Sunday, March 13, 2011

Wild West Showdown Part One: Goin' Out West

"We're experiencing some turbulence and ask that you remain calm," the pilot said via the intercom. "Up in the cabin, we think it's pretty fun."

For the first fifteen seconds, I agreed. The view of the clouds above St. Louis, MO  lost none of its charm as the overhead compartment rattled with each mini-bump the plane hit. I had eaten a snack, been served a Coke Zero by a flight attendant who looked a lot like Julianne Moore, and just finished Jennifer Egan's A Visit From the Goon Squad (procure this book and read it). Had Dread been with me, I'd have been gritting my teeth as she crushed my hands to cope with her fear of flight. Relishing my mitts uninterrupted blood circulation, I was loving the ride.

Then the woman to my left slumped over and onto me. Minutes before this, my seat neighbor told me she'd taken a Xanax prior to boarding so she could sleep all the way to Seattle. The turbulence had shifted her now-unconscious body to the right and my bony shoulder was her new pillow. An elbow moved her without her waking up. I was resolved not to complain much that weekend. I was headed to the Wild West Showdown!


Southwest Airlines: gremlin free since 2011!
Arriving in Seattle, I was greeted with the rainy weather for which the beautiful Rat City is known. My dearest aunt, Patricia, picked me up from the airport for a quick lunch and then brought me to her house to retrieve the car that Lady O and I would use on our trip. Kissing my aunt on the cheek, I left her house with alacrity and went back to the airport to pick up my announcin' spouse.

True.

A word on the Pacific Northwest's highways for those who have never been there: They suck. Most of the smaller highways have NO NUMBERS on them. There's also places where an off-ramp is for THREE different exits. Given the pouring rain, you may miss your exit. Fifteen minutes from our destination, we almost missed ours.  I was able to get onto the exit 100 feet before I'd have to wait until God Knows when to turn around. Then Lady O and I were pulled over, threatened with a thousand dollar ticket for reasons that our police officer friends and lawyer relatives have since dispelled as "bunk" and sent on our way. Honestly, I am grateful we received a warning, even if it was all BS. We arrived in Bremerton, WA at 7PM PST. We made our way past the shipyards, juggalos and different roadside inns to our home-away-from-home, The Oyster Bay Inn.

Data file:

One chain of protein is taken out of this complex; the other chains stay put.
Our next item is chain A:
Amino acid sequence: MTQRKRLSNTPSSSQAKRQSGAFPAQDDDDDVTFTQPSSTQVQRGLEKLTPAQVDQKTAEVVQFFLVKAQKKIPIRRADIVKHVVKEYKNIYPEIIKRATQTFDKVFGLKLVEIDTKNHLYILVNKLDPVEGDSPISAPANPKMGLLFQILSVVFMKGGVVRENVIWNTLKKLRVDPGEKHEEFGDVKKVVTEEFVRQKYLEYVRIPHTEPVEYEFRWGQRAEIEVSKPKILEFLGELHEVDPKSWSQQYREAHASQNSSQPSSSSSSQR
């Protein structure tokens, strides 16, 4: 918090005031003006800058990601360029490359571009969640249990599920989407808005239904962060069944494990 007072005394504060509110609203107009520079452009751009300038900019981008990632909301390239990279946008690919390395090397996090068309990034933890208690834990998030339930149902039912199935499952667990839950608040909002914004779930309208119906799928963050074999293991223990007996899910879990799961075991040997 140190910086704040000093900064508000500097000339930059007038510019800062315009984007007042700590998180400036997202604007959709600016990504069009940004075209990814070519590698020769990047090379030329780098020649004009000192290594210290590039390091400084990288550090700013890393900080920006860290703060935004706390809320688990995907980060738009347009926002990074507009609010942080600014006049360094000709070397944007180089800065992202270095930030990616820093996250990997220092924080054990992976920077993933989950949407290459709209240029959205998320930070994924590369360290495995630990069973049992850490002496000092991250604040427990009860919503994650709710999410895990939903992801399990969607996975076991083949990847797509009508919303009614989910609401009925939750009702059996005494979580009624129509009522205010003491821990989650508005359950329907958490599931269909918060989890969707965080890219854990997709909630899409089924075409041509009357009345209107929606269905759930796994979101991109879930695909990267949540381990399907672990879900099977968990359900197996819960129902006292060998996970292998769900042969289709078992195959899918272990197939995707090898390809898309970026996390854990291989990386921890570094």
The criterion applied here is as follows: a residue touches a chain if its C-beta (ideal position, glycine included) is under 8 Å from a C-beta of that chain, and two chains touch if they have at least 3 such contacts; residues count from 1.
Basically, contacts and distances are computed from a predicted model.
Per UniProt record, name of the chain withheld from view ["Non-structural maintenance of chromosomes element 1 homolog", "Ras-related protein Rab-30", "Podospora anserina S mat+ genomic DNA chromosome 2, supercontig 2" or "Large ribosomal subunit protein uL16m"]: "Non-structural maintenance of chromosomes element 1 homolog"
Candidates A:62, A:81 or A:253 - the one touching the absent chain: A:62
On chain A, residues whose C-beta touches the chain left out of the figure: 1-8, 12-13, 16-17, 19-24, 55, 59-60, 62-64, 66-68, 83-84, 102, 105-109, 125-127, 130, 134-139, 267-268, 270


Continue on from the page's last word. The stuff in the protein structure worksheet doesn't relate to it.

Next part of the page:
Home for the next five days.

The staff of the Oyster Bay Inn were exceptionally kind. The concierge was ready to do anything for us, including moving Lady O and I  to a new room when our first room's heater blew cold air and the refrigerator was both on and blowing hot air. Was there a disgruntled HVAC worker in this quiet town? We'll never know.

There was a bar in our hotel, reminiscent of the Chinatown bars in 80s action films where Steven Seagall would fight Yakuza for whatever reason was hot at the time (Asian confusion, sadly, still plagues most Americans to this day). There were only six hotel guests in the bar that Thursday. We met Stu Pidasso and Bruce, referees from Utah's leagues, along with a truck driver from Eugene, Oregon (who bought us drinks!) and the town's local band leader, Willy.  Never passing up an opportunity to get on a microphone, O and I sang karaoke at the other four patrons and the three staff until it was time for bed.

Our room had a quaint porch that looked over the bay. The next morning, I went out to enjoy the view while Lady O beat her face in the mirror.  Nature was happening. I loved it. Then I saw something that reminded me we were no longer in Boston.

"LADY O! LADY O! LOOK!"

They hunt trees from porches out here.

I grew up in a hick town, but this...this was some Crystal Lake type of shenanigans.

Tomorrow:  Day One of the Wild West Showdown! Meeting the folks! Awesome games! Dancing! Derby Skinz! Be there!

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